Indian manufacturing industry looks very positive towards AM and with AM’s capability to build tools and solve mass-customisation problems for end-use components, it seems to have a bright future.

Nidhi Shah, Managing Director – Voxeljet India

The COVID-19 crisis has pushed foundries to reconsider the value addition of Additive Manufacturing in terms of quick turnaround times, lower post-processing costs & time as well as managing with lack of availability of skilled labour. Apart from the regular business operations, we are getting a lot of strong interest from foundries that want to use this crisis as an opportunity to pivot their business, enter new verticals & industries.

Avinash Abraham, Account Manager – Materialise (India)

The Indian manufacturing industry is acquainted with the changes AM would induce in-terms of re-structuring the supply chain. The restricted movement and reduction in work-force due to the COVID-19 crisis persuaded the industry to become more adaptable and explore the possibilities & applicability of Additive manufacturing. Materialise organised a series of Webinars on topics varying from basics on Additive manufacturing Software Suite to the advancements in terms of technology and its applicability. The receptiveness of the manufacturing industry towards AM was evident with the magnitude of registrations and the queries raised by participants through the Webinar series.

Darshan Shah, BDM – Novabeans Prototyping Labs LLP

I believe there is a significant change due to covid-19 and a transition towards a progressive Digital ecosystem. This undoubtedly involves digital fabrication as the front runner for future fabrication facilities and has a tremendous scope towards aiding supply chain demand. 

Covid-19 has been a major factor of change and a reality check that business needed. Optimum resource utilisation and value of leveraging on assets has been the most essential aspects to focus on during this crisis. 

Indian Manufacturing Industry does not have many options rather than being ready and getting equipped with the right set of machinery, manpower, and materials. If not today, AM Adoption is going to exist by default for the upcoming years.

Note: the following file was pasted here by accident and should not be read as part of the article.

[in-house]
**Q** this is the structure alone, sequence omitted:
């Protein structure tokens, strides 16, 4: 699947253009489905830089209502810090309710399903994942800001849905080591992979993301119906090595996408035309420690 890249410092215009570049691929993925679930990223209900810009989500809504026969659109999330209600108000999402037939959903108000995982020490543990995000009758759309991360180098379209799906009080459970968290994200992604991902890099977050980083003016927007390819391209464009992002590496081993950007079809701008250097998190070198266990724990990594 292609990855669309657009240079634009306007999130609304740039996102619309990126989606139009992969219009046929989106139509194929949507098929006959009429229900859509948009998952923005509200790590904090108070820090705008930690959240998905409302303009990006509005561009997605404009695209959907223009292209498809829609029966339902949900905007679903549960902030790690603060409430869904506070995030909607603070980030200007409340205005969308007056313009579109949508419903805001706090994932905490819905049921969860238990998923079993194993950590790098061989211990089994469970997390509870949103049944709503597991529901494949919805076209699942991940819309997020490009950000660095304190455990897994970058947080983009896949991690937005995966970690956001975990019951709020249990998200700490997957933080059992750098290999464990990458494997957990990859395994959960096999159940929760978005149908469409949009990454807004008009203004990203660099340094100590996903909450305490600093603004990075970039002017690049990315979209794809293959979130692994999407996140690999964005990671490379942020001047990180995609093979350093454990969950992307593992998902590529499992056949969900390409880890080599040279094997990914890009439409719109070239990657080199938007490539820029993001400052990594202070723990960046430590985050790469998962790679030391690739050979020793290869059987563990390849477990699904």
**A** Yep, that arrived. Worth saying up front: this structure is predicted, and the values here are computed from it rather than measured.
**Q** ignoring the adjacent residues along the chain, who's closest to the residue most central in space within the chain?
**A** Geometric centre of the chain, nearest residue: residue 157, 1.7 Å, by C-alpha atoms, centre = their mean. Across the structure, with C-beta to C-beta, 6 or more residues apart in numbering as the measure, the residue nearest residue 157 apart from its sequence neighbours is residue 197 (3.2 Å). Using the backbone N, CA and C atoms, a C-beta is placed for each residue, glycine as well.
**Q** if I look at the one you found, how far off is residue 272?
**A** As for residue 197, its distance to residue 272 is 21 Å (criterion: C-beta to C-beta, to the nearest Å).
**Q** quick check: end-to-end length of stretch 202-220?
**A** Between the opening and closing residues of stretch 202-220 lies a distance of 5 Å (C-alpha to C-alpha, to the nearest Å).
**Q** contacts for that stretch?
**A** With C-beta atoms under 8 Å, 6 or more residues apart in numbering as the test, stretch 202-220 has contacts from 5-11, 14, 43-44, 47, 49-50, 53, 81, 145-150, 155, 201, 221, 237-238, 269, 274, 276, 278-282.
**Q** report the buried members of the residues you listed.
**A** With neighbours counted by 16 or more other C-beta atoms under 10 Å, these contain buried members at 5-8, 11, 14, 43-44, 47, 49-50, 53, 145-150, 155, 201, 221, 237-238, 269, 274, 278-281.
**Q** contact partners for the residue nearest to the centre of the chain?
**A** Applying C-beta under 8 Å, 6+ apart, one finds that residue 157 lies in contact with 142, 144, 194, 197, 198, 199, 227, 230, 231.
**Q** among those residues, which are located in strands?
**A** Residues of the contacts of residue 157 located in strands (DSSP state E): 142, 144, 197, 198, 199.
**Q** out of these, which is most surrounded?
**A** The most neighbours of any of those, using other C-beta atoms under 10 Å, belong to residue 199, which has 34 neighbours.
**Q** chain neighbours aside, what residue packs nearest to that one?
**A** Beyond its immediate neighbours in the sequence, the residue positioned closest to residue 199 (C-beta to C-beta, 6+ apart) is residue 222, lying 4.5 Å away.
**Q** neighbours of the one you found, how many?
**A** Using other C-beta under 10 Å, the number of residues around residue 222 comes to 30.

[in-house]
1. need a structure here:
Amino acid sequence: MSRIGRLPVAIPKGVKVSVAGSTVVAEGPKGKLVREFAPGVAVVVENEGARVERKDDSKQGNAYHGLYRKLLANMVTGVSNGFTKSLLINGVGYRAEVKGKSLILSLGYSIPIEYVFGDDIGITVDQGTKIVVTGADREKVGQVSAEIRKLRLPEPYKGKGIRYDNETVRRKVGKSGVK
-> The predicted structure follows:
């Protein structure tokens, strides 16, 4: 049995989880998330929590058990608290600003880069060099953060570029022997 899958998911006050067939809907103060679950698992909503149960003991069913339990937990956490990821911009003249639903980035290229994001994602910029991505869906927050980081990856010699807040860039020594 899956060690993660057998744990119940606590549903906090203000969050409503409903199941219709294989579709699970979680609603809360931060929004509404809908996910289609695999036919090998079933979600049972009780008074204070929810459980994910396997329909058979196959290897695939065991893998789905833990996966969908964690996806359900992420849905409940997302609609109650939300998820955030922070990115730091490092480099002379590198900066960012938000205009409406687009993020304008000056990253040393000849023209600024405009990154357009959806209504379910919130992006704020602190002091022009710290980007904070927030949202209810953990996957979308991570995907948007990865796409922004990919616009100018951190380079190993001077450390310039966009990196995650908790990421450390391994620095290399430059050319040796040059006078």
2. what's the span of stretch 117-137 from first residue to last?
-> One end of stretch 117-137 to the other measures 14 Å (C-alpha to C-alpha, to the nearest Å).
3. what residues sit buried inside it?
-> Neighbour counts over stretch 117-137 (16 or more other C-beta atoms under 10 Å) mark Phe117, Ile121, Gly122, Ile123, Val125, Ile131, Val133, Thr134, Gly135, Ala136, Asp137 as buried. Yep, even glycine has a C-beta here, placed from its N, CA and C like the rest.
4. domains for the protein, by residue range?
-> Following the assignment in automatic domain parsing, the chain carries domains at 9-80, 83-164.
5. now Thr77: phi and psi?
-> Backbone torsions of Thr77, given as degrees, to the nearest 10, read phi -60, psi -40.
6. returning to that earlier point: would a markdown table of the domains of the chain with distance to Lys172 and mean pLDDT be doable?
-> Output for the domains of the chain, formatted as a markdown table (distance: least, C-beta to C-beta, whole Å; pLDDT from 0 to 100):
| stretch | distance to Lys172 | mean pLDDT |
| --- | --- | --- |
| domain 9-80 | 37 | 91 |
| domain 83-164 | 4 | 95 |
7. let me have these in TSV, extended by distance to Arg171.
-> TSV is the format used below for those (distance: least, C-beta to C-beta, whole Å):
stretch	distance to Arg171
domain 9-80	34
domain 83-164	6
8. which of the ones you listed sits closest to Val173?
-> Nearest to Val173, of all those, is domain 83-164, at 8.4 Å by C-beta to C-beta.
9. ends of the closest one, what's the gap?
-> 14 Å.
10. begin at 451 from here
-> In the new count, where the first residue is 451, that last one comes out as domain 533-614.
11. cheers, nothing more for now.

So the questions remain, how ready the industry is, and how much the industry is ready to involve in it.

Hardik Prajapati, Lead – STPL3D

There is no clear sign that can prove the manufacturing industry is ready for AM adoption but AM has proved all its claim about rapid product development during the time of Covid. Very few set of people understand the real cost of product development and its implementation. The crisis has proved to be a catalyst in medical industries and PPE gear but the real chunk is when MSME will be empowered with AM. I always dream of a fully equipped AM centre in every industrial zone of the city of the country then I will say that the manufacturing industry is now ready for AM.

Dr. Guruprasad Rao, Director & Mentor – Imaginarium India

There is a clear change in the mindset/attitude of the Indian Manufacturing Industry towards AM during COVID Crisis.

This can be largely attributable to two important factors.

1. The problems in the supply chain due to world lockdown.

I wish to elaborate on each to strengthen my opinions.

Post Wuhan outbreak, the logistics and travel all over the world initially played havoc in spreading the virus making it a pandemic. This led to the lockdown to contain the spreading of the pandemic. This disrupted the SCM overall and as healthcare was the only inevitable industry that could function. Now, they felt the heat of SCM of some of the essential consumables such as Face Mask, Medical Hardware. Foreseeing this, many makers, research labs, and corporates shared their designs online to be 3D printed and used to fight the pandemic.